We remember one SAARC member country brought in a regulation saying that all those who come forward to contest a seat in the parliament should possess a university degree and at the submission of nomination the officials detected that nearly 20% of the certificates were fake. Anyway, we are proud that such things are extremely rare in our country.

Finally, I urge Kiriella to include schools, too, for MPs, who need the basic qualifications for university admission.

S. H. MOULANA

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Opinion

Compensate victims of gas explosions

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There is no shortage of hot topics for the media these days, the latest being the unusual occurrence of gas related accidents. Any ordinary person would understand that the present series of accidents are certainly due to the release of newly arrived consignment of gas cylinders whose composition ratio of propane and butane has been altered to maximise profits.

The responsible institutions and authorities as well as some ambidextrous politicians are defending the culprits who deny any change in the gas composition. The special committee appointed by the President to investigate into the matter, seem biased. The other day the public saw (through the TV news footages) that these so-called experts were trying to bully the innocent victims of these accidents, accusing them of the use of worn out hoses and regulators as the main reason for the incidents. Why the hell can’t they figure out the fact that these accidents are all due to the use of the newly bought wrongly filled cylinders. A committee of this nature is useless if its aim is to serve the vested interests. Instead of blaming the victims, one compulsory question they should ask is if the cylinder is newly bought or an old one. It is sad that this Kekille committee of experts is also trying to put the blame on the innocent consumer and defend the businessman.

All that the government should do at this critical hour is to introduce a mechanism to collect the data of the victims of these explosions and pay due compensation to them forthwith at the expense of the concerned gas company. The ministry in charge should also issue an urgent order to the company to recall the return of all these defective gas cylinders distributed to all districts and take immediate action for refilling them with the correct prescription of the chemical composition and issue with a new label giving all required instructions. In the meantime, the Consumer Protection Authority must ensure that accessories like the hoses and regulators, conforming to the SLS standards, are available in the market at least from now on for the safety of the consumers.

M. B. Navarathne

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Opinion

Banks make a killing at depositors’ expense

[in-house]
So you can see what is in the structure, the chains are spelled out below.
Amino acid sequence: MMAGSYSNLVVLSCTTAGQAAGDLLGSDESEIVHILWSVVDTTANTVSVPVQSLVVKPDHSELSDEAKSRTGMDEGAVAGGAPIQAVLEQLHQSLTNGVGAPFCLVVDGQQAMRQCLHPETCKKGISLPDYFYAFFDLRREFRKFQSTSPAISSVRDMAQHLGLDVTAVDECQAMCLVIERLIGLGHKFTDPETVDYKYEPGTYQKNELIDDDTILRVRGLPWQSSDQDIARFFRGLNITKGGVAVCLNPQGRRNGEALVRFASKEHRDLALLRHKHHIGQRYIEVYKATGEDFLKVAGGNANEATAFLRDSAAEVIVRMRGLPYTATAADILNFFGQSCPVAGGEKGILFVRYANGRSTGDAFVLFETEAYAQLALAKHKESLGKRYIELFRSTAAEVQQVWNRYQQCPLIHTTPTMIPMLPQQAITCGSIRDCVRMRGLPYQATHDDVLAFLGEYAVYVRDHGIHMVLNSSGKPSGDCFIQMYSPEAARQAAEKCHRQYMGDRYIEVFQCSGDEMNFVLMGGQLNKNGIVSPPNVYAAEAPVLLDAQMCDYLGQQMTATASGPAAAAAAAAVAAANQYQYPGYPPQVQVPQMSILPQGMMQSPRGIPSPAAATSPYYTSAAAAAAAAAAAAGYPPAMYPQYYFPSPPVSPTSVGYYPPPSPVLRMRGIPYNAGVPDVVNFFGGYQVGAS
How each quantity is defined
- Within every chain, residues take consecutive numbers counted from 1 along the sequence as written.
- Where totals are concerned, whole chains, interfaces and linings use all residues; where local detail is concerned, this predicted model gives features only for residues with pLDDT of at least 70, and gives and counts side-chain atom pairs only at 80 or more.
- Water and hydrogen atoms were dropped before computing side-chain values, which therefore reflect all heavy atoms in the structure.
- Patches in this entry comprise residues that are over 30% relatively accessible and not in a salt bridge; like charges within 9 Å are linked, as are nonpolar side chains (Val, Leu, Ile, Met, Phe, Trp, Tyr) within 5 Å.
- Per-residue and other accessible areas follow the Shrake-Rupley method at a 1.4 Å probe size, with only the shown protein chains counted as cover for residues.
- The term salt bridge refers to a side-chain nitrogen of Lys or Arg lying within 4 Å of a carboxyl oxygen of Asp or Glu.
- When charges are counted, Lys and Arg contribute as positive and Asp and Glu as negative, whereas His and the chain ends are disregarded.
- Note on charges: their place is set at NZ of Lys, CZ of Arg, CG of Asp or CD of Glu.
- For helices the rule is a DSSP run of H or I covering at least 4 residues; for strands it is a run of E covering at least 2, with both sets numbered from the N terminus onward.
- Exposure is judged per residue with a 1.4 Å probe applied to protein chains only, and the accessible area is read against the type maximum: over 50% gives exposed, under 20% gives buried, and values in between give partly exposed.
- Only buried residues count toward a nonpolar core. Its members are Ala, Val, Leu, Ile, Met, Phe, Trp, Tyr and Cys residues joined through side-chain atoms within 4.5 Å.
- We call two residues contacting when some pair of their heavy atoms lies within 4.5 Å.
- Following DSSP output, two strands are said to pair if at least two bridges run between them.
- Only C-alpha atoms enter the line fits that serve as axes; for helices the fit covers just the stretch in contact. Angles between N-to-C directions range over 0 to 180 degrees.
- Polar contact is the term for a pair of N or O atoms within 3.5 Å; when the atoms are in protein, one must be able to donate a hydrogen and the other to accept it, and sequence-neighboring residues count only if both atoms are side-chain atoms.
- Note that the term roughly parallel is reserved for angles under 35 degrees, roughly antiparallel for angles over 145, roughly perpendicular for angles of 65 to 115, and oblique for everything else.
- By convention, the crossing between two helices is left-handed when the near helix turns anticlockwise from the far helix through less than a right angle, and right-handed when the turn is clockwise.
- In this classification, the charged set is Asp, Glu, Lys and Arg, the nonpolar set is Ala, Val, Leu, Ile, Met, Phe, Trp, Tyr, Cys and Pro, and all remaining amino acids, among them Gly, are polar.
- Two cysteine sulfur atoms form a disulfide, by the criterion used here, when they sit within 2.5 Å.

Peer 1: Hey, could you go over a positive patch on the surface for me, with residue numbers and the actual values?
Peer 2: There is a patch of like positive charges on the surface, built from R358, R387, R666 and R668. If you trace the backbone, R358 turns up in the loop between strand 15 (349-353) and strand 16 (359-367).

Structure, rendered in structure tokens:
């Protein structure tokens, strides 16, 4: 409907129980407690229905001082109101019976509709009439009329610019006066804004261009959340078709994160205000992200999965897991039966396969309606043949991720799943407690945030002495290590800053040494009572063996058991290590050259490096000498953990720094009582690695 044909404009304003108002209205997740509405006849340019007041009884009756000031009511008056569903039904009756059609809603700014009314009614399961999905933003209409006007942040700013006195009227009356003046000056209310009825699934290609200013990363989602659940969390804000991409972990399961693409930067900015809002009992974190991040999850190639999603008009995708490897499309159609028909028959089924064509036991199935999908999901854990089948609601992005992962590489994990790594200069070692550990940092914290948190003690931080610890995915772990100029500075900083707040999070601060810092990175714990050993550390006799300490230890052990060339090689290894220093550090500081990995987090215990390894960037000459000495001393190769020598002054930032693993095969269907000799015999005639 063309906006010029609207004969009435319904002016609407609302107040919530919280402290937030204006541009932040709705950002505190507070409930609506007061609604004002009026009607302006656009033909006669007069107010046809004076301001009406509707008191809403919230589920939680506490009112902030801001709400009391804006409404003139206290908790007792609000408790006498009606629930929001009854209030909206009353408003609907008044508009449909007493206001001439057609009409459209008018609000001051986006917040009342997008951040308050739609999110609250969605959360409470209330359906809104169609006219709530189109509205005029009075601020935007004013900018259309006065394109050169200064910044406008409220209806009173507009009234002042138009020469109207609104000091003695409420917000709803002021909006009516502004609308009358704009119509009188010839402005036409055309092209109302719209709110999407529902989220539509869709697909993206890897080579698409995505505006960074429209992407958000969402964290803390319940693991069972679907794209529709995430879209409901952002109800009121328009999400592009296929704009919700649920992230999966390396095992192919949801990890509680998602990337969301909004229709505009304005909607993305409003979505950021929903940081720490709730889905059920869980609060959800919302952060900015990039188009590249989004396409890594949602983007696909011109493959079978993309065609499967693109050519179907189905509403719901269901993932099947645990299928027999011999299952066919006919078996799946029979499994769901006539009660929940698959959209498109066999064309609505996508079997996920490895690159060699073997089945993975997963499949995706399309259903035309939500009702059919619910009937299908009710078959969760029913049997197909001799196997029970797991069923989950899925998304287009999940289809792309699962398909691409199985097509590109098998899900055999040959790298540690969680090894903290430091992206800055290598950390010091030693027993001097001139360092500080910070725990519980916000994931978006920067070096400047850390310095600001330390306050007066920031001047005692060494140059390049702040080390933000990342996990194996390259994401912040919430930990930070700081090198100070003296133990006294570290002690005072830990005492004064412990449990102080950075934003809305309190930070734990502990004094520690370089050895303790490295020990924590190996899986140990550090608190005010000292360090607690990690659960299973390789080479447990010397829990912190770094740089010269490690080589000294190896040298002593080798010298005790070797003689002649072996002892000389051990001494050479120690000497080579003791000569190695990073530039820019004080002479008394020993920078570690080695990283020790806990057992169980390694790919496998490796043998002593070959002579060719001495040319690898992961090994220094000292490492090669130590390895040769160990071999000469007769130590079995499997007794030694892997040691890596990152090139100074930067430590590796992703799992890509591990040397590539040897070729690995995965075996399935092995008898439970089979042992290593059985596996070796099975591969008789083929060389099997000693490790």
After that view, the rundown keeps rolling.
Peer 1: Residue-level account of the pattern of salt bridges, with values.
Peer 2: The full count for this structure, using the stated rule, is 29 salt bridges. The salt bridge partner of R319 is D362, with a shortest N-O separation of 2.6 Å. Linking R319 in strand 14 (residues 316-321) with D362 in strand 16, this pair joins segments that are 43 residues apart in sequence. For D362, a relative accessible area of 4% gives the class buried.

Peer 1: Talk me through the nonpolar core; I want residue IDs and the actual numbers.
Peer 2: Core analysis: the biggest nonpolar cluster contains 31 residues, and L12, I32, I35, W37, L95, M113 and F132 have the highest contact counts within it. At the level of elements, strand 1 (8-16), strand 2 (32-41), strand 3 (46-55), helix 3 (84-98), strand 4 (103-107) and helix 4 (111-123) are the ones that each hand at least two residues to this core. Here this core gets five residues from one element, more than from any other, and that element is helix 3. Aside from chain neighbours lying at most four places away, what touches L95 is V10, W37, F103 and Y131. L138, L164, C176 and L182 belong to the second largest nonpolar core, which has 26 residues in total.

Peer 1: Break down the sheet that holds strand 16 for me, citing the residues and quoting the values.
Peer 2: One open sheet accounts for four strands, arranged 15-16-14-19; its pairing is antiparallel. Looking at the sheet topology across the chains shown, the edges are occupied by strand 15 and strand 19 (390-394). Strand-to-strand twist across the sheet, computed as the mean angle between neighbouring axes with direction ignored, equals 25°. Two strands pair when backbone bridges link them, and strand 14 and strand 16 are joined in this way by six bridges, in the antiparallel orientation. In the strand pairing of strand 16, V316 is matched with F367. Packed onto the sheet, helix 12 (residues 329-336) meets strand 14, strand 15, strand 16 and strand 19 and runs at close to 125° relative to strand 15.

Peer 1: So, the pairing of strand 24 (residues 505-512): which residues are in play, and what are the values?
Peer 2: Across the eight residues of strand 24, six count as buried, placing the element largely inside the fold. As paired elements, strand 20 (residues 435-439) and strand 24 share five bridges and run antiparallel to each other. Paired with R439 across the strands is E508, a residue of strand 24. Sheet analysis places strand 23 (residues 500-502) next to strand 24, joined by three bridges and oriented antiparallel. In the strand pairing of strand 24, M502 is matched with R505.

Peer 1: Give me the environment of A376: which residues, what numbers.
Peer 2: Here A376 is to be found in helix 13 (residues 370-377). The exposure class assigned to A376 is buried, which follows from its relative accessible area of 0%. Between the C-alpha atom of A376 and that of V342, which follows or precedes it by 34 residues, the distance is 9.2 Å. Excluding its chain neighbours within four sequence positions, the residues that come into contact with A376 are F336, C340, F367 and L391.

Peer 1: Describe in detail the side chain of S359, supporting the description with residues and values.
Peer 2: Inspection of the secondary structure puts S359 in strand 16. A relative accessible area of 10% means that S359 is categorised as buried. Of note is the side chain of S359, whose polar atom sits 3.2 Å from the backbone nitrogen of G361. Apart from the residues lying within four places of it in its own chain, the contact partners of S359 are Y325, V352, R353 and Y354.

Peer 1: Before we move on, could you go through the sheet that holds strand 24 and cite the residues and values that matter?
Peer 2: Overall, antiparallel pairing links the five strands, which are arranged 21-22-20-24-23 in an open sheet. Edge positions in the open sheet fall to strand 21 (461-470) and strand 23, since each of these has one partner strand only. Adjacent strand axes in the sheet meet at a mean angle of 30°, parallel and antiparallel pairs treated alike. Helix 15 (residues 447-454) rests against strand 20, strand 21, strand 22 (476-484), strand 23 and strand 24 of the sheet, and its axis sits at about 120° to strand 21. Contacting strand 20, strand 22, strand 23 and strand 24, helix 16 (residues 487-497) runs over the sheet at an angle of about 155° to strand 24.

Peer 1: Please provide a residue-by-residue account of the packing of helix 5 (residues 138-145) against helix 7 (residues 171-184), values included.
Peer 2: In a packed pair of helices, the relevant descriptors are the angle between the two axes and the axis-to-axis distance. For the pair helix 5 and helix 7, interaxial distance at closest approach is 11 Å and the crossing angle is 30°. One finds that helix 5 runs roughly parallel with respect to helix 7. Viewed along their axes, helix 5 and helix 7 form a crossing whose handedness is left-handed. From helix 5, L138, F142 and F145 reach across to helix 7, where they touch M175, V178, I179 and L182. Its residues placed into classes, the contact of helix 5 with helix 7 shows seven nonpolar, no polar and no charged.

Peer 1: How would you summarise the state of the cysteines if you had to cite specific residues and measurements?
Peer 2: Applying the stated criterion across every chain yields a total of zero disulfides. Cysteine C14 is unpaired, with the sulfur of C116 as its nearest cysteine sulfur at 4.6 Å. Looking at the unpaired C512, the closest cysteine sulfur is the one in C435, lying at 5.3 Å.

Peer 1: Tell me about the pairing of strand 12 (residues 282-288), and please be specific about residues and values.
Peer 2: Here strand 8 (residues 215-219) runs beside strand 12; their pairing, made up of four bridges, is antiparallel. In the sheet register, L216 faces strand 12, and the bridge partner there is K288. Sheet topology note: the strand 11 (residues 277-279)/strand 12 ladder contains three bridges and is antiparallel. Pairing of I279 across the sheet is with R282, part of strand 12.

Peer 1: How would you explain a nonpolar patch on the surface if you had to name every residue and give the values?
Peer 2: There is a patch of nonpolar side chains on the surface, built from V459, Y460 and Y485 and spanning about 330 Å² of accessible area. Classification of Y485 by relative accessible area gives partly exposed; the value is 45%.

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The motive of the government decision to lower the interest rates of deposits was predominantly to engross the banks to lend at lower interest rates for entrepreneurs to boost the economy of the country which is in dire straits. However, would this proposal prove productive?

Owing to this absurd stunt senior citizens and pensioners have been left high and dry high and dry, resulting in unprecedented agony and anguish. Many victims have highlighted their grievances on behalf of the distraught senior citizens and pensioners. This much spoken of government’s harsh decision to lower interest rates has made the lives of senior citizen’s and pensioners miserable with the escalating high cost of living, skyrocketing cost of medical expenses, etc. It is pertinent to mention that monthly interest rates on fixed deposits, which they mostly rely upon, have been reduced to alarmingly low 4% and 5 % which has added to the woes already the senior citizens face.

All senior citizens who are not receiving or entitled for a pension, depend solely on monthly fixed deposit interest as the regular source of income for their living. As a result of lowering interest rates of deposits, their plans have all been shattered causing them to be wondering how to make ends meet.At this dire juncture, the intervention of the President is needed to revoke this unreasonable decision of lowering the interest rates of deposits.

The only redress the senior folk benefits is by the Central Bank’s special scheme of 15% interest for senior citizens. However, in this too the senior citizens have been slapped and battered with a Rs 1.5 million ceiling.

In comparison to the reduction of interest rates of deposits, if one takes into account the number of loans granted to entrepreneurs at lower interest rates the answer would be very negligible, particularly as the bank’s do not take risks to lend to entrepreneurs whom they believe to have projects not viable. The banks of course, would show enhanced profits at the end of the year as they have paid the depositors lower interest rates which reflects as plus mark for their balance sheets. This is a blessing in disguise for the management of banks at the receiving end of impoverished pensioners and senior citizens.

In the above contest the intervention of the President Gotabaya Rajapakse is most needed to bring about redress to ‘distressed” senior citizens and pensioners

Sunil Thenabadu

Brisbane, Australia